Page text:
According to my French friend Michel, crepes are a specialty of Bretagne, hence the name of the restaurant, where they are used not only for desserts, as they are in Italy, but also to make main dishes by filling them with cheese, mushrooms, pork, tomato and so forth. He says that he never found a good one even in Paris, but he likes this, so I guess we should be happy to have Le Bretagne so close. Being a creperie, it offers nothing but crepes.
The place is small and cozy with some tables in the garden where you can enjoy the evening, now that it's summer. The menu, in French and Japanese, is divided in three main sections, the first and the second dedicated to main dishes and the third to desserts. Among the few crepes we tried, I particularly liked the "Provençal" and the "Nordique", but you know, a crepe is a crepe, no matter how well it's made. It's difficult to find great variety within such a limited field. So, even though I enjoyed also the desserts we tried, one of them truly excellent, I wouldn't go out of my way to dine there again. A dinner based on crepes for about four thousand yen apiece is an interesting experience, but perhaps not to be repeated too often.
The Omotesando branch is bigger and nicer, but the food the same.
July 1999

sanji's note : Although fvz gave a **** to this restaurant, I downgraded it a little. I ate in both places a couple of times, and must say that while the food is nice, the overall bill is too high for such kind of restaurants.

web :

La Cantinella - Italian

Address - Horibe Bldg. B1F, 4-25-12 Minami Aoyama Minato-ku, Tokyo
Opening hours - 11:30 am to 14:30pm and 18:00 pm to 22:30 pm
Telephone - 03-3407-7043
Menu - In Italian and Japanese
Credit Cards - OK

The people at La Cantinella are very proud of the award they got from the Italian President of the Republic last year, and in fact that is what made me decide to visit them.
La Cantinella is a pleasant, crescent-shaped restaurant and pizzeria where almost the entire staff is Italian. The atmosphere is consequently what you can expect: elegant but comparatively informal and pleasant, it certainly doesn't require a necktie. Much was made of the fact I am Italian, and I felt sort of like a prodigal son for not having shown up before.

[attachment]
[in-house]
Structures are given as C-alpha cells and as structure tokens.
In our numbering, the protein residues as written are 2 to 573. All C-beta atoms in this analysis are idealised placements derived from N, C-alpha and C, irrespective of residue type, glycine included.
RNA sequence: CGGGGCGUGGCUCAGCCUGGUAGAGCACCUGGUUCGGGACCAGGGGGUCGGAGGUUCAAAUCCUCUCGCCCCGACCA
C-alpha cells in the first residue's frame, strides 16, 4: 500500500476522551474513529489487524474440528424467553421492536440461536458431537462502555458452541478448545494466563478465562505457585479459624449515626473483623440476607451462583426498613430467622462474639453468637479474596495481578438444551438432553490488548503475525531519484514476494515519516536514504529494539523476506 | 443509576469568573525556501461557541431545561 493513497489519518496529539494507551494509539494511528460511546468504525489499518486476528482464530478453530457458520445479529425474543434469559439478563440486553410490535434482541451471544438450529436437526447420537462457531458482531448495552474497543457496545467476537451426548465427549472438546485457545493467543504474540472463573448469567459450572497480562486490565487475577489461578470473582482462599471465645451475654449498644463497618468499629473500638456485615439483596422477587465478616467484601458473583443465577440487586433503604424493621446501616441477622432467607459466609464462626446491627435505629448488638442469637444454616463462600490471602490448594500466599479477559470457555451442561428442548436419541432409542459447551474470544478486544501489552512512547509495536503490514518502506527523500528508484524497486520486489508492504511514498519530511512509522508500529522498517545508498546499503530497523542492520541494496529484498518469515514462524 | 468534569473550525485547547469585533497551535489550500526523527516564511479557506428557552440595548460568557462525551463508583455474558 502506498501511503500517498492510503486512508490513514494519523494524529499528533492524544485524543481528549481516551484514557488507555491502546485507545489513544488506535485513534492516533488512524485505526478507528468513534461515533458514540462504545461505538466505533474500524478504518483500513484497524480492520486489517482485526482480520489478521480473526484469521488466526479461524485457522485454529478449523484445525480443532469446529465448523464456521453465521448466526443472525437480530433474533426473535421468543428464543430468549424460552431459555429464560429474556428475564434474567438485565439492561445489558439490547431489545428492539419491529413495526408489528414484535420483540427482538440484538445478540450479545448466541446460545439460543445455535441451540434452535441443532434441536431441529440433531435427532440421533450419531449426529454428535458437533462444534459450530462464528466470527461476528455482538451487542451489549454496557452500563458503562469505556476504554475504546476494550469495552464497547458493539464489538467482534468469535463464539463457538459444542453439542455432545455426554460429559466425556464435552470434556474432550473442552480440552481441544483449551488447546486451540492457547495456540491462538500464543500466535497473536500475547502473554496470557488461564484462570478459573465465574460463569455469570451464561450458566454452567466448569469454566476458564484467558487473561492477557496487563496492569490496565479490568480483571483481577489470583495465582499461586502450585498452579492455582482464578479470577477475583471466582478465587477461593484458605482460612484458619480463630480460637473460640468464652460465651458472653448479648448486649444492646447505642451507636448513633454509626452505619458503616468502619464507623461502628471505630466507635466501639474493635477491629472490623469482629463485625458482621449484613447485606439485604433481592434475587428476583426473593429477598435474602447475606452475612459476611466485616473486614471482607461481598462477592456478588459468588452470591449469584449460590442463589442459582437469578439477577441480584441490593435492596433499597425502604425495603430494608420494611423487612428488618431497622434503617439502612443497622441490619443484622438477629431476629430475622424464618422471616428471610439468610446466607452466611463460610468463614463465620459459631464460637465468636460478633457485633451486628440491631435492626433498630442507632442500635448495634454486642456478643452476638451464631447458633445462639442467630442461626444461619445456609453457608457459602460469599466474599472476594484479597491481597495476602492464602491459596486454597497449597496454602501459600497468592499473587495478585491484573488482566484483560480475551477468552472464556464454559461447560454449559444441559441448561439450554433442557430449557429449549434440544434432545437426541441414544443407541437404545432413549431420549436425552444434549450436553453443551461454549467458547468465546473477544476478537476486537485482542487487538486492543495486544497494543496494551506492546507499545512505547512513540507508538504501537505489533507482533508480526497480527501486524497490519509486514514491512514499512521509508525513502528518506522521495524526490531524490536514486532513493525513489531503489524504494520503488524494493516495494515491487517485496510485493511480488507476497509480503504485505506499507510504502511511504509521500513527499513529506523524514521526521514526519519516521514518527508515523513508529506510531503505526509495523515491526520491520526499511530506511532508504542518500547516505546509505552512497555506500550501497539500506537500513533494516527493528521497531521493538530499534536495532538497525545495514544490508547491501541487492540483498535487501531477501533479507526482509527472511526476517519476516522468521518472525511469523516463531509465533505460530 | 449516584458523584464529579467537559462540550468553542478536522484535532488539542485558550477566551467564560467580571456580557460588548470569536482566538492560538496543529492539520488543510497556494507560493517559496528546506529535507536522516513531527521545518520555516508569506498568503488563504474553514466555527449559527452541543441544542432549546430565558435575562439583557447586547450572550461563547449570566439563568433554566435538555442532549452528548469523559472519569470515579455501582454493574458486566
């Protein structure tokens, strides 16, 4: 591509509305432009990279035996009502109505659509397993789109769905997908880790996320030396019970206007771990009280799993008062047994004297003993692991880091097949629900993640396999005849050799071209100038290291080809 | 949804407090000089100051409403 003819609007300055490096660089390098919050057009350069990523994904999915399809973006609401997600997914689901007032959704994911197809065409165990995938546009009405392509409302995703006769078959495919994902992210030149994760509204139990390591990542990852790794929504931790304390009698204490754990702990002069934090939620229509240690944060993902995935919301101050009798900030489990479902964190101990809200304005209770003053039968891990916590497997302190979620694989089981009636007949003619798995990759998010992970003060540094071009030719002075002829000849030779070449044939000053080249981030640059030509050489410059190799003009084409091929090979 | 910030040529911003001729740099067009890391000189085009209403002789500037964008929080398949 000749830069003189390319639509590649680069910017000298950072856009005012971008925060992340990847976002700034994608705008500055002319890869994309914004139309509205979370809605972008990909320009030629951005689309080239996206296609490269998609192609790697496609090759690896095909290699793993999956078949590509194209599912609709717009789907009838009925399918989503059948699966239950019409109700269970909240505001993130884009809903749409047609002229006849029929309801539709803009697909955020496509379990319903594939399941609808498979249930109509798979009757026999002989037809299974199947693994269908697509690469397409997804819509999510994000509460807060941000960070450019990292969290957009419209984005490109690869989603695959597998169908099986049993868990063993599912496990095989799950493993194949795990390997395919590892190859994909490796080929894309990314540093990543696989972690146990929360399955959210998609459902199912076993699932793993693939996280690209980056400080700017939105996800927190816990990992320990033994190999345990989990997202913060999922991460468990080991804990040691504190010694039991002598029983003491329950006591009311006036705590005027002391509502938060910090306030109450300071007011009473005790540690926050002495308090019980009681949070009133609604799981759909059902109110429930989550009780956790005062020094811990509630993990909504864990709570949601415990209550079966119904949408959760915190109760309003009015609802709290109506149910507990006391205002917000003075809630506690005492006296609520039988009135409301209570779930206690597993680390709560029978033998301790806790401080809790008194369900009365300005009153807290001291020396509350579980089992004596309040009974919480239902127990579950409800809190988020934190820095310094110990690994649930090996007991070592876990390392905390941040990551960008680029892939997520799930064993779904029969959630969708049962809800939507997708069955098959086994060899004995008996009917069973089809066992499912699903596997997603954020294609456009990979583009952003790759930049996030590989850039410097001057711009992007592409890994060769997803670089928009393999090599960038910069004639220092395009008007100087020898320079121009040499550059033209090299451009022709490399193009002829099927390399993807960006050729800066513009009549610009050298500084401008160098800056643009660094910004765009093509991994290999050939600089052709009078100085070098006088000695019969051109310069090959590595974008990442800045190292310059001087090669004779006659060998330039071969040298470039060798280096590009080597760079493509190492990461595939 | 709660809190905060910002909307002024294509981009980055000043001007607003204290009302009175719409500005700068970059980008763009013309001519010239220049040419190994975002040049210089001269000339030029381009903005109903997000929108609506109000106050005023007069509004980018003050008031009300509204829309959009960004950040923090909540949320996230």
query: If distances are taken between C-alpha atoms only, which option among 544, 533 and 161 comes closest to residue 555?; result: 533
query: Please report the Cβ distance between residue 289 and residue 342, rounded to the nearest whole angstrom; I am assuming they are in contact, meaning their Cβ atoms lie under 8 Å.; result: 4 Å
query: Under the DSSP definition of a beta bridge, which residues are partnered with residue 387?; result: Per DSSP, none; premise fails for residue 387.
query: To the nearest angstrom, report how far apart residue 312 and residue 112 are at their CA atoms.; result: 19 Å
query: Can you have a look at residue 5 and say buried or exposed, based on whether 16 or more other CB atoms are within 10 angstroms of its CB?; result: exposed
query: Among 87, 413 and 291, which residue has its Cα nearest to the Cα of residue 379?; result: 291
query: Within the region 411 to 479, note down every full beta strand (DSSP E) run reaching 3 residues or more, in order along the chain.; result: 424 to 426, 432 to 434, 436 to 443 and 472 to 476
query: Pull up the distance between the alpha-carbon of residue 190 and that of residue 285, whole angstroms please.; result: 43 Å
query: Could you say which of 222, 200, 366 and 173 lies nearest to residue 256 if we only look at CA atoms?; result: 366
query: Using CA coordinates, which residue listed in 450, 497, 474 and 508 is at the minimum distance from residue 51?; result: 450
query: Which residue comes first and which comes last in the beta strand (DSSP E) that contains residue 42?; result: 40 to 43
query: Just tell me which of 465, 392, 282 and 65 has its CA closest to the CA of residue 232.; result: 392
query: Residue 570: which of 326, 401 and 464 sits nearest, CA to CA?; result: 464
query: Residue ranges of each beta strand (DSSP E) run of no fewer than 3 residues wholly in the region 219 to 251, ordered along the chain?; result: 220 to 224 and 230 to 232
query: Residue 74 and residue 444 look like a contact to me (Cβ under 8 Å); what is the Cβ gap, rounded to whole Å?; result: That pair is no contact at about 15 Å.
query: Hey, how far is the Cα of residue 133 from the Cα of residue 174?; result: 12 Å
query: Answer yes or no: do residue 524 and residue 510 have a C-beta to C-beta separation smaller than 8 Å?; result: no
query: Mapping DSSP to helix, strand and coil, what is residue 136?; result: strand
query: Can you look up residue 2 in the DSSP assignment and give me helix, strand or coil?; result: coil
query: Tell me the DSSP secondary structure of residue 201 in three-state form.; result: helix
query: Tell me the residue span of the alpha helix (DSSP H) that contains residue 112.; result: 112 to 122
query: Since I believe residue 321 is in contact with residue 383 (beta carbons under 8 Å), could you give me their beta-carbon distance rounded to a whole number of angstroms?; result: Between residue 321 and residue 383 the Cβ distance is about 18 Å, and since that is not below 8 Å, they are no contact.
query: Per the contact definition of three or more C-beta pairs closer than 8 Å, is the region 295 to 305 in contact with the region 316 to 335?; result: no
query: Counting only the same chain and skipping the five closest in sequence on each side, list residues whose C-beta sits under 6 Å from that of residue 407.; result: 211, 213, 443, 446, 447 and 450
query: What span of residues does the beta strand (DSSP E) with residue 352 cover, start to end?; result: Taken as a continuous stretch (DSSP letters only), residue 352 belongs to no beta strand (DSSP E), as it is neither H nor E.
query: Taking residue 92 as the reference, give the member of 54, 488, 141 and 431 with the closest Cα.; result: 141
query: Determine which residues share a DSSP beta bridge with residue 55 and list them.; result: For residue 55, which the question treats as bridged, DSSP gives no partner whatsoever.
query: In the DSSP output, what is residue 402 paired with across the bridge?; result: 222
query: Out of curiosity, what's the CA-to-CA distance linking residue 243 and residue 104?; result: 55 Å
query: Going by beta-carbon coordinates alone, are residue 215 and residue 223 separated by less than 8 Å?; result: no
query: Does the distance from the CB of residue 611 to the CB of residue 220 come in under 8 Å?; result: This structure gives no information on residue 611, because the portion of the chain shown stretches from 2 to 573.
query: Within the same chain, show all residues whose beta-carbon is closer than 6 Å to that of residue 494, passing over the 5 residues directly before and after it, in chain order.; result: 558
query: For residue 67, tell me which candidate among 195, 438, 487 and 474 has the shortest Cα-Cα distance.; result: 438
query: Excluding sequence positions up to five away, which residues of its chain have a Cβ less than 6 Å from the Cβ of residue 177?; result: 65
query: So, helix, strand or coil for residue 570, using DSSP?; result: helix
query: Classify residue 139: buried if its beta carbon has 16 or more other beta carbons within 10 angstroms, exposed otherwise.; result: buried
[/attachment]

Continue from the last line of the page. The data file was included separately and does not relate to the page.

Everybody here is from the south of the country, and one can tell from the menu, especially the pastas: pages and pages and pages of unusual, interesting dishes that I found difficult to resist: one cannot eat everything. There are sets, one at 4800 yen, another at 7500, both exclusive of table charge and taxes, but they limit your choice to just one of two dishes per item, so we decided to go à la carte. We first had assorted appetizers and a green salad between the four of us, then shared Taormina-style spaghetti, Calabrian tagliatelle, risotto with crab and rucola, and spaghetti with shellfish. Portions were abundant and everything tasted great.
Our main dishes were pollo al mattone, mixed grilled fish, sole in basil sauce and scaloppine with mushrooms and melted cheese. Two Brunello di Montalcino grappas and a panna cotta later, having finished the meal, the waiter gave each of us a complimentary and much appreciated Limoncello di Capri (a famous lemon liquor).
And the wine? The wine list is also long and offers white and red wines from all over the country. We settled on two bottles of Sardinian Cannonau, which I am told was good.
In conclusion, an excellent meal in great company. Alas, this high quality comes at a high price: 10 thousand yen with wine and drinks a head are unavoidable, unless you order a set. We all felt La Cantinella was worth the money, though, and the next time, which as you can understand won't be so soon, we will try the pizzas: they have twenty different kinds, and the guy who makes them comes from Naples, so they should be as good as the rest.
Directions: from Omotensando crossing crossing go straight on Miyukidori until you see on your right the Nezu Museum (about 300 meters), then turn left. La Cantinella is about 100 meters after the intersection on the right side of the street.

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PostYou have posted in this forum: Thu Dec 07, 2006 12:15 am Back to top

Harajuku & Omote-Sando - European food


La Cantinella - Italian


Lauburu - Basque *****


Le Bretagne

Last edited by secret-japan on Thu Dec 07, 2006 12:15 am; edited 2 times in total